Attention war - Digital Threat Digest
PGI’s Digital Investigations Team brings you the Digital Threat Digest, SOCMINT and OSINT insights into disinformation, influence operations, and online harms.
On Sunday, I came across an article in the Financial Times discussing the impact of the Israel-Palestine conflict on the war in Ukraine. It stated: "Ukrainians are now wondering if the world has the attention span and courage to focus on two major wars." This isn't an unfair assumption — in the last two weeks, my social media feeds have been flooded with content focused on Israel and Palestine. Such is the oversaturation of the information environment that I haven't seen much discourse on Ukraine or any other conflict-ridden countries (take Sudan, for example, on which we have written about in previous digests). Many argue that this shift in focus towards Israel and Palestine is a case of selective empathy; however, like the FT article, I'm more inclined to believe that it instead stems from a growing global attention deficit — a phenomenon that brings its own set of digital vulnerabilities to the table.
Research has found that an information overload (both in production and consumption, as seen with Israel and Palestine) leads to a greater collective attention deficit. This, in turn, makes people uniquely vulnerable to disinformation online. It's the classic 'less is more' theory; the more choice we have, the less patient we are and the less patient we are, the more we give in to bite-sized, neatly packaged, and often unverified content. In short, we don’t spend our time doing the required due diligence.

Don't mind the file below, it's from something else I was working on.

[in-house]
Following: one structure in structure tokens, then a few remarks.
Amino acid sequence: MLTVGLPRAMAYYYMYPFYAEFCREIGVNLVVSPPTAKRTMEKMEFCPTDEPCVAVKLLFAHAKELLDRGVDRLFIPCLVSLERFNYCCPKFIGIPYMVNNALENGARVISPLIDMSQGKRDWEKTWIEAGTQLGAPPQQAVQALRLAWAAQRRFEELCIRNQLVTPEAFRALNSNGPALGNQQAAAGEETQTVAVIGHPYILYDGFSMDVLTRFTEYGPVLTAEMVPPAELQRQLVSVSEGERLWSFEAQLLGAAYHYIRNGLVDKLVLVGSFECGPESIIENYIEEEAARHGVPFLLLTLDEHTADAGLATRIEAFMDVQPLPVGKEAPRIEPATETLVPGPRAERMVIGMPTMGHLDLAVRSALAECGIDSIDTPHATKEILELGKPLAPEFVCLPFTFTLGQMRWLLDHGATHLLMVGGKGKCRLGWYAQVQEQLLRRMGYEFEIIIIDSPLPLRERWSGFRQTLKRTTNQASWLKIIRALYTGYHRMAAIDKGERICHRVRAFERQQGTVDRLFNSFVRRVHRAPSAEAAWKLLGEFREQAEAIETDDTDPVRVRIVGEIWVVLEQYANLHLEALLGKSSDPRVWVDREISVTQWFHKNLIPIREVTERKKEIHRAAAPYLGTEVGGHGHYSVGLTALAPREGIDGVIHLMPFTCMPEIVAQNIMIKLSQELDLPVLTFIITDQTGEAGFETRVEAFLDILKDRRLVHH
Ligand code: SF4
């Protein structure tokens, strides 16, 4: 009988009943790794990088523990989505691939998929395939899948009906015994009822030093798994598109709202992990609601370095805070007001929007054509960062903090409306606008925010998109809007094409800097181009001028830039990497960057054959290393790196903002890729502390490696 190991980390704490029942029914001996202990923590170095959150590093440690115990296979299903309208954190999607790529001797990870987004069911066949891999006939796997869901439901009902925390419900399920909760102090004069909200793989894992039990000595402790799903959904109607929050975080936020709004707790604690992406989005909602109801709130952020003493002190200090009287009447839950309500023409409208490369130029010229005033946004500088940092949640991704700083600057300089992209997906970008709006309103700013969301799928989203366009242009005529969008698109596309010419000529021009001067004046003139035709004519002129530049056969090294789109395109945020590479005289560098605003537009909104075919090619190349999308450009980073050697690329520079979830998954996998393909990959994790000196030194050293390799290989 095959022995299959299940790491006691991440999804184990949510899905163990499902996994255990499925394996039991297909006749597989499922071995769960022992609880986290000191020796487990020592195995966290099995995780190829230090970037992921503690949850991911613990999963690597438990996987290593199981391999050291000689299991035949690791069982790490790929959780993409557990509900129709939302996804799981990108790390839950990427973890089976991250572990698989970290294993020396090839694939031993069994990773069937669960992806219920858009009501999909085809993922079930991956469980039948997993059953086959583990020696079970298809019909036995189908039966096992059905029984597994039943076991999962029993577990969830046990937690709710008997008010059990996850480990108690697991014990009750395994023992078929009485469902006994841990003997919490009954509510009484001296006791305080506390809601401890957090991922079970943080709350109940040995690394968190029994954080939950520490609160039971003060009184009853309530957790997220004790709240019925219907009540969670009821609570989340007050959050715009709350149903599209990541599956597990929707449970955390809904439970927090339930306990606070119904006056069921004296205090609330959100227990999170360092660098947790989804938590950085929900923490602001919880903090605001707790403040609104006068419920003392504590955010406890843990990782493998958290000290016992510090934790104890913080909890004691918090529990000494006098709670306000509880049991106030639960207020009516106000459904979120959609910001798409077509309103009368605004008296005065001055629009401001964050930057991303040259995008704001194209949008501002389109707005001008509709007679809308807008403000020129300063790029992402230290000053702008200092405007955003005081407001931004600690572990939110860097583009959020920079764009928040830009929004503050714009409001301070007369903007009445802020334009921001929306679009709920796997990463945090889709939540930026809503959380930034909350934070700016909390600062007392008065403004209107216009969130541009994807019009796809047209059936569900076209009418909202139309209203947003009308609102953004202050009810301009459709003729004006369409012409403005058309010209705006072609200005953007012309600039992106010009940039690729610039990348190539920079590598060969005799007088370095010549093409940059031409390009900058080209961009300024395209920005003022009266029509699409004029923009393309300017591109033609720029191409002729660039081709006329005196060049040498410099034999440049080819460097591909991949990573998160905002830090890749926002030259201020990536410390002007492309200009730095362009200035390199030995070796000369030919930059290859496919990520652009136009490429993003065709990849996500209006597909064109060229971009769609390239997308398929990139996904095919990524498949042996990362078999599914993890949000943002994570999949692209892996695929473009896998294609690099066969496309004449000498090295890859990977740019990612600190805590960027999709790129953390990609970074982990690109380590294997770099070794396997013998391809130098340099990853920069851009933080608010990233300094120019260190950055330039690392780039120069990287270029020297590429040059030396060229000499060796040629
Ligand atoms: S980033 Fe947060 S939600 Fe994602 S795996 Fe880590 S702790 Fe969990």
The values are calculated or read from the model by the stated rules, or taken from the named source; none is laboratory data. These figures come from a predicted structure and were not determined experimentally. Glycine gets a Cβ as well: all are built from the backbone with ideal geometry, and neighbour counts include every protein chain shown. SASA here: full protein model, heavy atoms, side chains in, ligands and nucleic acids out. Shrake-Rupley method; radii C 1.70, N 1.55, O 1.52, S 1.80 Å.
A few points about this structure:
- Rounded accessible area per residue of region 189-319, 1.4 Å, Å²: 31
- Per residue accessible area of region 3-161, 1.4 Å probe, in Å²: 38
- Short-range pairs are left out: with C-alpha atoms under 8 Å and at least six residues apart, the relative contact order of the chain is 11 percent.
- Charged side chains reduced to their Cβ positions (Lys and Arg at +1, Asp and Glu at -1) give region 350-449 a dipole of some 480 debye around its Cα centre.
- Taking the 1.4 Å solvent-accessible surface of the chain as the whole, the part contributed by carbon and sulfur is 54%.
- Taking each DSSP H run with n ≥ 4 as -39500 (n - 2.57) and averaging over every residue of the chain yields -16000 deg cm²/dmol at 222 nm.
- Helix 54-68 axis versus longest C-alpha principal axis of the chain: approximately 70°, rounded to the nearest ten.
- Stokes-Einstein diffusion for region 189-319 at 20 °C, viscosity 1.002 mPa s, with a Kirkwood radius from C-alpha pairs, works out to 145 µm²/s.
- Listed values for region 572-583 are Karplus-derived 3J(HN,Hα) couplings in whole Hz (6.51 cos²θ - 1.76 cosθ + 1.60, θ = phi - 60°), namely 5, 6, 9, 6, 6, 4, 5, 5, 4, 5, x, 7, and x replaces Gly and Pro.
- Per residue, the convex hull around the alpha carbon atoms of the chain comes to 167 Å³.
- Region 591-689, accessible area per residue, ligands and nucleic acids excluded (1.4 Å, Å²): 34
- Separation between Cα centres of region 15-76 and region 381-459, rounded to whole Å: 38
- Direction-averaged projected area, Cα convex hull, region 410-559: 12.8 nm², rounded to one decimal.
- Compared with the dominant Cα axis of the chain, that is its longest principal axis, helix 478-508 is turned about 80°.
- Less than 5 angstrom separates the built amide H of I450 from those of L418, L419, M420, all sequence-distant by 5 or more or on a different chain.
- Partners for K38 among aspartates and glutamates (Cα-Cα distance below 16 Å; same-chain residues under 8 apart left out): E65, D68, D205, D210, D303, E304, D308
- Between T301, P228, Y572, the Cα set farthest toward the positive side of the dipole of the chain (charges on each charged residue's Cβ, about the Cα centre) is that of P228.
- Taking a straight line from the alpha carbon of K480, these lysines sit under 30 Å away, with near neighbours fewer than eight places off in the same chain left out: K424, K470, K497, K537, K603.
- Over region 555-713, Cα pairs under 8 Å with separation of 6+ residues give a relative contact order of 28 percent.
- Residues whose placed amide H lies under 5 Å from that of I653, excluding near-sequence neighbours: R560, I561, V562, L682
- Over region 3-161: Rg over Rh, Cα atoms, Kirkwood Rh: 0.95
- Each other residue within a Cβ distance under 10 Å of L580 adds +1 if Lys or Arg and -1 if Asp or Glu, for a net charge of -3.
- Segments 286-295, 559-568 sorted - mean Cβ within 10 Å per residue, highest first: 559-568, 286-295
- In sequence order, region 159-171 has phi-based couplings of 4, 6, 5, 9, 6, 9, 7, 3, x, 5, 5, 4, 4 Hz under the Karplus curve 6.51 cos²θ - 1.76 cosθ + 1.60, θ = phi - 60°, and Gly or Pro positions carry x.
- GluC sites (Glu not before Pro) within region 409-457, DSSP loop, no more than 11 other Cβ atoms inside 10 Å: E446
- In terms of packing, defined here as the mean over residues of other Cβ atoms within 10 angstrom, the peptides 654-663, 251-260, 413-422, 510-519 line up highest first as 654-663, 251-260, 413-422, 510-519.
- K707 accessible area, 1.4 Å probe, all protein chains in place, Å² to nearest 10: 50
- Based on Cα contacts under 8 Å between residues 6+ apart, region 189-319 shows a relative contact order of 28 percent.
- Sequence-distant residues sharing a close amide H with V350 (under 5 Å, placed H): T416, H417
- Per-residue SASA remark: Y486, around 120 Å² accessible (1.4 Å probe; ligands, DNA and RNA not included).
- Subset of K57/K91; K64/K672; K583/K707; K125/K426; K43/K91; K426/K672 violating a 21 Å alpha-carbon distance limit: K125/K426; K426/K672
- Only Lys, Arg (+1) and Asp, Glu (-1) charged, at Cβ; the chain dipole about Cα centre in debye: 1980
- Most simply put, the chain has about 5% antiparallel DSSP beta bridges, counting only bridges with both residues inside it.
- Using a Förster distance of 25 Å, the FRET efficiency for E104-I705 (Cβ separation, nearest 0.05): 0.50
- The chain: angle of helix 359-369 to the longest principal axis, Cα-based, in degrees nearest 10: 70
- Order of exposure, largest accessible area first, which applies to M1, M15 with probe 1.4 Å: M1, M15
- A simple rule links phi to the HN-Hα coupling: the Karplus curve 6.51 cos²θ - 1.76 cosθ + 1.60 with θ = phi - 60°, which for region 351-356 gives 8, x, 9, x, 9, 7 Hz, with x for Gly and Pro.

At the moment, social media is oversaturated with content relating to Israel and Palestine, most of which is false or misleading. For example, users on X (formerly Twitter) were made to believe that a video game simulation was footage of a Hamas attack; that fireworks in Algeria were Israeli air strikes; and that a 2012 attack on a local police station in Bahrain was an ongoing attack against the Israeli embassy — and there are countless other examples. The current information overload fuels impatience; it draws users to the ‘prettiest’ infographics or most sensationalist videos that reinforce their confirmation biases, while reliable content gets buried under the noise. This is then exacerbated by existing echo chambers on social media platforms, which push partisan opinions and favour users that have bought legitimacy, regardless of the veracity of the information they disseminate.
It is my (perhaps cynical) belief that threat actors are aware of the implications (and opportunities) of flooding the information environment. They exploit users’ diminishing attention spans to push disinformation, hate speech and outright incitement to violence into the mainstream — a tactic that works to sow discord 9 times out of 10. It is therefore increasingly important for us to not only do our due diligence and verify shared content, but also be cognisant of the fact that our attention is unknowingly declining; making us more vulnerable to digital threats.
More about Protection Group International's Digital Investigations
Our Digital Investigations Analysts combine modern exploitative technology with deep human analytical expertise that covers the social media platforms themselves and the behaviours and the intents of those who use them. Our experienced analyst team have a deep understanding of how various threat groups use social media and follow a three-pronged approach focused on content, behaviour and infrastructure to assess and substantiate threat landscapes.
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